The Reimer-Tiemann reaction is known as the ortho-formylation of phenols under strongly alkaline conditions.
It's not an addition of a carbene to a double bond, like the Simmons-Smith reaction, the pyrrole to pyridine ring enlargement or the Buchner expansion, which is catalyzed by transition metals.
As ron already pointed out, pH is one crucial requirement, having a phenol (and not just any other arene) is the other.
What we're actually facing here is the addition of a carbanion to a strongly electron-deficient carbene.
As again already described by ron, there is significant charge density at the 4-position of the phenolate, and the initial addition step might indeed happen here too.
The resulting intermediate can't rearomatize other than in a back reaction and that's what it will mainly do! Only a minor part will grab a proton and yield C.
That was close, but no cigar! Let's have a look at the addition at the 2-position.
Through the interplay of dienone, phenolate and phenol we get rid of one chloride and all further steps to the final benzaldehyde are likewise assisted by this tautomerism.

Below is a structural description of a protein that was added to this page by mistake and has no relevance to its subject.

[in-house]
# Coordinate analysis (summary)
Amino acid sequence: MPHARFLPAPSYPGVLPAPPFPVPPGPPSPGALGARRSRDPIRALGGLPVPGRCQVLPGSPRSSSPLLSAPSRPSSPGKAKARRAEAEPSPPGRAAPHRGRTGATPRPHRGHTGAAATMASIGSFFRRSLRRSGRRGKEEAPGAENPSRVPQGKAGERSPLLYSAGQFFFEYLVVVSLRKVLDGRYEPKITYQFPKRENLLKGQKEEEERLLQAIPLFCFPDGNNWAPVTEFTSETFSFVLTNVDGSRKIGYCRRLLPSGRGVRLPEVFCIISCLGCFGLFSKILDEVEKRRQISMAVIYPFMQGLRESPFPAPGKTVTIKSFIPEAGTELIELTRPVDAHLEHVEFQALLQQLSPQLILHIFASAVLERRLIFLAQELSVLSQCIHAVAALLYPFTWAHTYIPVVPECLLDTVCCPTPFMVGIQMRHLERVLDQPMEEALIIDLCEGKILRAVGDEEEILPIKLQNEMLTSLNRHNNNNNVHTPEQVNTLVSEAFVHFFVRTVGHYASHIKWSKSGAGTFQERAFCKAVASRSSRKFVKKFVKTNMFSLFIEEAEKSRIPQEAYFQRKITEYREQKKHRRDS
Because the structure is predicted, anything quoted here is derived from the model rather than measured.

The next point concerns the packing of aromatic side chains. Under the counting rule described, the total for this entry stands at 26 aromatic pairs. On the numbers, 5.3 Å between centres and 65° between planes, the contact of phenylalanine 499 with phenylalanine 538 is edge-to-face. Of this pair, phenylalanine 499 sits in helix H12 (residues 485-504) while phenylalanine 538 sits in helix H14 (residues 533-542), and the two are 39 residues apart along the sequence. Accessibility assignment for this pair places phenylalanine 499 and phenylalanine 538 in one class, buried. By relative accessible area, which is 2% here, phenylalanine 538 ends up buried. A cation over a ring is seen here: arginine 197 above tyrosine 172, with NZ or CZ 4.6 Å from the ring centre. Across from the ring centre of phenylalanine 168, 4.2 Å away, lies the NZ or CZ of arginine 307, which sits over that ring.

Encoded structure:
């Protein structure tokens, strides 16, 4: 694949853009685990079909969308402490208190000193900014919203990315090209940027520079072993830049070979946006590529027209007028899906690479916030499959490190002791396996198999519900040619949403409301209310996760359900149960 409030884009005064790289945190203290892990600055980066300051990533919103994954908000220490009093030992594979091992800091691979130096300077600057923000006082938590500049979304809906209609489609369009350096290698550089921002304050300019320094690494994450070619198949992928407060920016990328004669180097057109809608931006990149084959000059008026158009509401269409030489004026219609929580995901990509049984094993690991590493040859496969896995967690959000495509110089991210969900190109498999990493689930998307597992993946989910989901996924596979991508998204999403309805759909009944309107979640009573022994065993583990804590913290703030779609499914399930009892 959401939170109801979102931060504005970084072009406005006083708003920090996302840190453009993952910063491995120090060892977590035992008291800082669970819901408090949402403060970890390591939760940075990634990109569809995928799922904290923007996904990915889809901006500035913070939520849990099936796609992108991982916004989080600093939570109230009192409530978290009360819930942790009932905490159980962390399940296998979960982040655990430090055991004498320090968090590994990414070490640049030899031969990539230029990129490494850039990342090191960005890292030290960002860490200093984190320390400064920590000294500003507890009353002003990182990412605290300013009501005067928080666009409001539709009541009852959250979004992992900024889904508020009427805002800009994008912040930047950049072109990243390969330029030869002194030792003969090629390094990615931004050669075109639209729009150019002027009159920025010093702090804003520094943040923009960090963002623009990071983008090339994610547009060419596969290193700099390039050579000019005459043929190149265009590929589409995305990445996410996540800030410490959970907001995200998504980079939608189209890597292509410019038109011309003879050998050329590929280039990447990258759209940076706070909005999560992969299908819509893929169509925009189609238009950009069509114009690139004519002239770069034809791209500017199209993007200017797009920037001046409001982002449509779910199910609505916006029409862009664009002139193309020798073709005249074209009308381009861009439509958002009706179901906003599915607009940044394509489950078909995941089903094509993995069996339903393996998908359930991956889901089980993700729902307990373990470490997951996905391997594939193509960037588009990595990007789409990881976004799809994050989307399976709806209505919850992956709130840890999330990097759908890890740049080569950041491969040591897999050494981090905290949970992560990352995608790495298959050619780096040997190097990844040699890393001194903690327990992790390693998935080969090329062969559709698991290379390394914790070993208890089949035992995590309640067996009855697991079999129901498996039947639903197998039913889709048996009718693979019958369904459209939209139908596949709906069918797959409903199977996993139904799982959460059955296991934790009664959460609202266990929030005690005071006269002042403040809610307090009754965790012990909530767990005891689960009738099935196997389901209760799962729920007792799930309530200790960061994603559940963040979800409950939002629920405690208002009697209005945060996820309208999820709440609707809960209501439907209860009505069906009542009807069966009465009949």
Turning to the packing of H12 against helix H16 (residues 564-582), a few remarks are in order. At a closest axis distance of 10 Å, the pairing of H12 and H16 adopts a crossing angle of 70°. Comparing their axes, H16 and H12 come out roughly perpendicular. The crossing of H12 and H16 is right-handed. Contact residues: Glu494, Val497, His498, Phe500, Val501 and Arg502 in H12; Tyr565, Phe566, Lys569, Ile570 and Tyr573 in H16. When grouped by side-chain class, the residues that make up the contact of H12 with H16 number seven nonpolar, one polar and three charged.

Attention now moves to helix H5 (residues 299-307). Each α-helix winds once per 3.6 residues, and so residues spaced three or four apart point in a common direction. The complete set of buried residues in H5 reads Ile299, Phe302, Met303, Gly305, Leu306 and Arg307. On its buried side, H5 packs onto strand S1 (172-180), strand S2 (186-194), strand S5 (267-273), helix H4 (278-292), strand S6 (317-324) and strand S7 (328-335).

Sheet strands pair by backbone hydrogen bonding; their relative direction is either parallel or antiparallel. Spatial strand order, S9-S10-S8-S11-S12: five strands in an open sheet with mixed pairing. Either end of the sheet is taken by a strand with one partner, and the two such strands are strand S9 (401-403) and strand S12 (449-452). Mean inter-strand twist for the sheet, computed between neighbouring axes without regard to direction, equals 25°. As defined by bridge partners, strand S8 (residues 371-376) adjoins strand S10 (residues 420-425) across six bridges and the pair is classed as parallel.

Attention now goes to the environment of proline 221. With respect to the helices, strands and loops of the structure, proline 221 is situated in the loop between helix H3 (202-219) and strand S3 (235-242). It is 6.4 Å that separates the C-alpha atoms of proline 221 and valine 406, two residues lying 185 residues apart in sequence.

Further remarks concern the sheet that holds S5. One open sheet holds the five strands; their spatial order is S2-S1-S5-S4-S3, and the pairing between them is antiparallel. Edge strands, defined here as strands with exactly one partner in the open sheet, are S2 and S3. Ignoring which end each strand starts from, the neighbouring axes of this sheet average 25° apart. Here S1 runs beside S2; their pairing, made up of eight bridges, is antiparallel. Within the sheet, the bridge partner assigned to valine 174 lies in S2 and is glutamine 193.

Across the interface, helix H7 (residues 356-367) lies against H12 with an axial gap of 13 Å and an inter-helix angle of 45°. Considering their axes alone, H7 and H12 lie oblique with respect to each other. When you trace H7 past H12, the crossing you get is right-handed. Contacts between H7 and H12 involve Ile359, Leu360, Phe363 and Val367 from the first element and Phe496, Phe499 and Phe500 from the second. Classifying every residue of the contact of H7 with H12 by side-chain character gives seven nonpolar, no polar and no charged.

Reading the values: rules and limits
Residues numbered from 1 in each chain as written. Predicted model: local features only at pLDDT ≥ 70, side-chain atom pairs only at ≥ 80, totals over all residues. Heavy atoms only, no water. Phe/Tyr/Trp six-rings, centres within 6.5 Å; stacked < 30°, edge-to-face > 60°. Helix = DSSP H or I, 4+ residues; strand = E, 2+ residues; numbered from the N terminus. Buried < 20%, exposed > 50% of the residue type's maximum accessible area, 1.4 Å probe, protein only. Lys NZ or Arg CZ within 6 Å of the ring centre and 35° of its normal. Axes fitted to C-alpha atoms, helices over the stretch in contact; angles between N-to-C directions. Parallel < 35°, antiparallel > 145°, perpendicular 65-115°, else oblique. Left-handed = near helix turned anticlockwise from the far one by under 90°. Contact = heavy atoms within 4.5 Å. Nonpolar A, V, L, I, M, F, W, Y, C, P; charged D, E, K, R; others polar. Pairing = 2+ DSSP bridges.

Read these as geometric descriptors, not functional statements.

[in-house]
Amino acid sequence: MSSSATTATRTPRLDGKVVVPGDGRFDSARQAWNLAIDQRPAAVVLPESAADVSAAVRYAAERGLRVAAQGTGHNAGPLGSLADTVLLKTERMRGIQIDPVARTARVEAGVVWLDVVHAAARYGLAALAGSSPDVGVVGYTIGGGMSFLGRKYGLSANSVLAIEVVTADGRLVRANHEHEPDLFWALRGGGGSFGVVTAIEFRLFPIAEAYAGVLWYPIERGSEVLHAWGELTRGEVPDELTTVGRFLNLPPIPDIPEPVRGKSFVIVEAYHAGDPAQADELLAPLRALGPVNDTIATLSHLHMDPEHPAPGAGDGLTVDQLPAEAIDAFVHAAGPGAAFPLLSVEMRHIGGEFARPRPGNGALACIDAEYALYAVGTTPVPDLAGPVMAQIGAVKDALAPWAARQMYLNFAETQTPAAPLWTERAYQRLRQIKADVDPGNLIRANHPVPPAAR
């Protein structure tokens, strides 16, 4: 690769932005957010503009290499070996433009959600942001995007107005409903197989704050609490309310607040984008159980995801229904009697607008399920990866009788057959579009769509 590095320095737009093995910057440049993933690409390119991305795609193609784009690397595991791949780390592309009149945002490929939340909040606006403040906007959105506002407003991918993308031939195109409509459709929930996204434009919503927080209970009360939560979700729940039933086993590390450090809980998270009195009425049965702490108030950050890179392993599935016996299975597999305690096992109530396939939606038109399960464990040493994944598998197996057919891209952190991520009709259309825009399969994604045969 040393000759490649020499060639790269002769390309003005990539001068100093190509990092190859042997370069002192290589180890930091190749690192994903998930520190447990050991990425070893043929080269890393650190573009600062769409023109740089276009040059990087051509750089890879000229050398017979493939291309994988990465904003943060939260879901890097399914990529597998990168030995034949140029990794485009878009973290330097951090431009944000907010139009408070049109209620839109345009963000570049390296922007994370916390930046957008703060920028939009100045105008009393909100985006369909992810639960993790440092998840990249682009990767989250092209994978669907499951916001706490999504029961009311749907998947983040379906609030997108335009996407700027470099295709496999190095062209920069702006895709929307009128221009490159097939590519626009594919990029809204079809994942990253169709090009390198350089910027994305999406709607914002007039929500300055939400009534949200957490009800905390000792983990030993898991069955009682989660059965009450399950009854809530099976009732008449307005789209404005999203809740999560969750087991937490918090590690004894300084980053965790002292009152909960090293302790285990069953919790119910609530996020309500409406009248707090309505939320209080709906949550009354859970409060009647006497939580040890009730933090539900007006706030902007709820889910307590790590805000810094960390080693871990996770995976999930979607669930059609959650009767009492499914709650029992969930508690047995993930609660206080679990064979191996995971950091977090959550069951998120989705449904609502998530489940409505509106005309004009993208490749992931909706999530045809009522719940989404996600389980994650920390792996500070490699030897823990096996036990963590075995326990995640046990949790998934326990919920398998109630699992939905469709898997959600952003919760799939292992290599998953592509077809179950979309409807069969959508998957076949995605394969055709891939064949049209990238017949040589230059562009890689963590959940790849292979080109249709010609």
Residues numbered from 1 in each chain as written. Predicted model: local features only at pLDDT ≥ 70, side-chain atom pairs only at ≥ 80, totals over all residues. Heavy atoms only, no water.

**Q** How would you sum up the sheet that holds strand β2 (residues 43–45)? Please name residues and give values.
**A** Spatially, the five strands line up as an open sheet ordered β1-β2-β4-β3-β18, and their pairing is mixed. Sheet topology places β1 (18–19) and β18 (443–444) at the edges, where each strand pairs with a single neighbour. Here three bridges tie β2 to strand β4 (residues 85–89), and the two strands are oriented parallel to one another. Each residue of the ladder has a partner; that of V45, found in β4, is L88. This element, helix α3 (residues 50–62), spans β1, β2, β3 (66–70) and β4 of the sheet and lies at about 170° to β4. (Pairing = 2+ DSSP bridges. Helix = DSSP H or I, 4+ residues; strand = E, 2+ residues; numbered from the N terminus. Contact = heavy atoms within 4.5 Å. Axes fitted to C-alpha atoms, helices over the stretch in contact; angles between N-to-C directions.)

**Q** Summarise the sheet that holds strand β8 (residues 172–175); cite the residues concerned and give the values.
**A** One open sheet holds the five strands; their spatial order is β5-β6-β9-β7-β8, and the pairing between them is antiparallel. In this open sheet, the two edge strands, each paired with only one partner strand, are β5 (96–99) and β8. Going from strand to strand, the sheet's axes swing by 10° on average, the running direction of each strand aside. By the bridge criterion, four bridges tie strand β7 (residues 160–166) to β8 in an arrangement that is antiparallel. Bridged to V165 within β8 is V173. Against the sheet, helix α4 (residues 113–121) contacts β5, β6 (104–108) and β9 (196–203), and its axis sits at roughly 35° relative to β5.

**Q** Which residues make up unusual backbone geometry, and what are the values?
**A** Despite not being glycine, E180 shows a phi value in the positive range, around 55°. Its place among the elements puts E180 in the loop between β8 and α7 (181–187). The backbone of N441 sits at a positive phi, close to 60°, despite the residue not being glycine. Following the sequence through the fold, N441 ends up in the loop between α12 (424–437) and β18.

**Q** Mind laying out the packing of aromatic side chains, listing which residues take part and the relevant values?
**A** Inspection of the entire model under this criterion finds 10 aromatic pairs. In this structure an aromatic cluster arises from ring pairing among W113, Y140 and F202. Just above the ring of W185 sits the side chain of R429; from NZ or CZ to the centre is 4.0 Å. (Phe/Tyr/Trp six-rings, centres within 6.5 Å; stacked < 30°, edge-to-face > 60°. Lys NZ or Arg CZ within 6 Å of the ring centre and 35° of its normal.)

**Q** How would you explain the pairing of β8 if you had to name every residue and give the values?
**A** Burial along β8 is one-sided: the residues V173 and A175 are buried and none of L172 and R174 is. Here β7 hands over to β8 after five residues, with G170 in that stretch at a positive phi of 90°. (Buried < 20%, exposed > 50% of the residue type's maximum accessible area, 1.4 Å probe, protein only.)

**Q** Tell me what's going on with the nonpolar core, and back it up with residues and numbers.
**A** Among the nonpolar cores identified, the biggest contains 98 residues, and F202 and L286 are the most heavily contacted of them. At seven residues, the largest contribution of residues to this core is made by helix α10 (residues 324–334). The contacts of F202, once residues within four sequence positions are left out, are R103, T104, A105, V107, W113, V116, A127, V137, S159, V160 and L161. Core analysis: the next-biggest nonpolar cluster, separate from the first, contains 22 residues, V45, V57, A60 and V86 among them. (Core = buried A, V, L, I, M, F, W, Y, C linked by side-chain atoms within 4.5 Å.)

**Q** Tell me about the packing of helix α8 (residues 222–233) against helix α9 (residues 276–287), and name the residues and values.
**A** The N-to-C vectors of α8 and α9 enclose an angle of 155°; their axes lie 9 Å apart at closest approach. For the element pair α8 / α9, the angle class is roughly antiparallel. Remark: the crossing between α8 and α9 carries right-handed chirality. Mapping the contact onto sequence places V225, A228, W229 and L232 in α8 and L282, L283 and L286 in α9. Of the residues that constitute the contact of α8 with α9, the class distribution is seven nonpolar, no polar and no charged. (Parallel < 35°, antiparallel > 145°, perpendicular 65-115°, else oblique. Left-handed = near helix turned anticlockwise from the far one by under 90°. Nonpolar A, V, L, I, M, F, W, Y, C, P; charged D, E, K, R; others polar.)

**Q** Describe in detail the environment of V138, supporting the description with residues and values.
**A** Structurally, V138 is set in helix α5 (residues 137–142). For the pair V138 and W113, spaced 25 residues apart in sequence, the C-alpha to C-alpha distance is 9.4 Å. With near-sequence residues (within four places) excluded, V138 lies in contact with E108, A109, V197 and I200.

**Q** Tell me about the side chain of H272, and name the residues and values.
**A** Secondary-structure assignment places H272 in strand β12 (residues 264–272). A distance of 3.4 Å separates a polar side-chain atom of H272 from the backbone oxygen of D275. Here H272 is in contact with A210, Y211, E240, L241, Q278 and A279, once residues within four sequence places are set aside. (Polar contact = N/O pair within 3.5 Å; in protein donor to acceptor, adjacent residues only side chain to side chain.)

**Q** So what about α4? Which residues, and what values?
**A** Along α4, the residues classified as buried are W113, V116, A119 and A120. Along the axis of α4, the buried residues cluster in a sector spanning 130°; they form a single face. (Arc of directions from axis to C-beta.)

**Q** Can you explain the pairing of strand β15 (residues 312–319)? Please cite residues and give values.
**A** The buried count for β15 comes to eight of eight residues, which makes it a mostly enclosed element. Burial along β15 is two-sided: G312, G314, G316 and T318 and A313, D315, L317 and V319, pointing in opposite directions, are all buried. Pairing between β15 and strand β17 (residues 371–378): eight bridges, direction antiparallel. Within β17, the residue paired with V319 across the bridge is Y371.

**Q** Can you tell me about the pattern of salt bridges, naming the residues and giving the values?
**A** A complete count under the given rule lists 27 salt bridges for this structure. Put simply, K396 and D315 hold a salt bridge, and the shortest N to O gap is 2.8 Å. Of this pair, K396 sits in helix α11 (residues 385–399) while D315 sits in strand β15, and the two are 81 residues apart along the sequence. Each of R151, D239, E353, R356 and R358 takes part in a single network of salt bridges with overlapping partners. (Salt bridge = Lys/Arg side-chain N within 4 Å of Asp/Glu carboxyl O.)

We still haven't answered the question why no 1,3-dialdehyde is formed. Let's have a look at the major product B under alkaline conditions and its resonance structures.
One of them looks like the enolate of a 1,3-dicarbonyl conpound, with additional charge distribution over the $\pi$ system.
This species has a significantly lower localized electron density than the anion of the starting material. So, the party stops here.
Edit In a comment, it was asked whether the geminal dichloride will convert to the corresponding aldehyde under alkaline conditions.
Such a transformation could involve a nucleophilic substitution, leading to a geminal halohydrine which then eliminates HCl to furnish the aldehyde.
In the case of benzylic dihalides, this is possible even without the intramolecular assistance of a phenolate (cf. this example) using secondary amines as a base and in the case of diphenyldichloromethane, the transformation to benzophenone is achieved by heating in the presence of water.
In the case of C, the simple deprotonation of the dihalide might be a dead-end alternative pathway to substitution.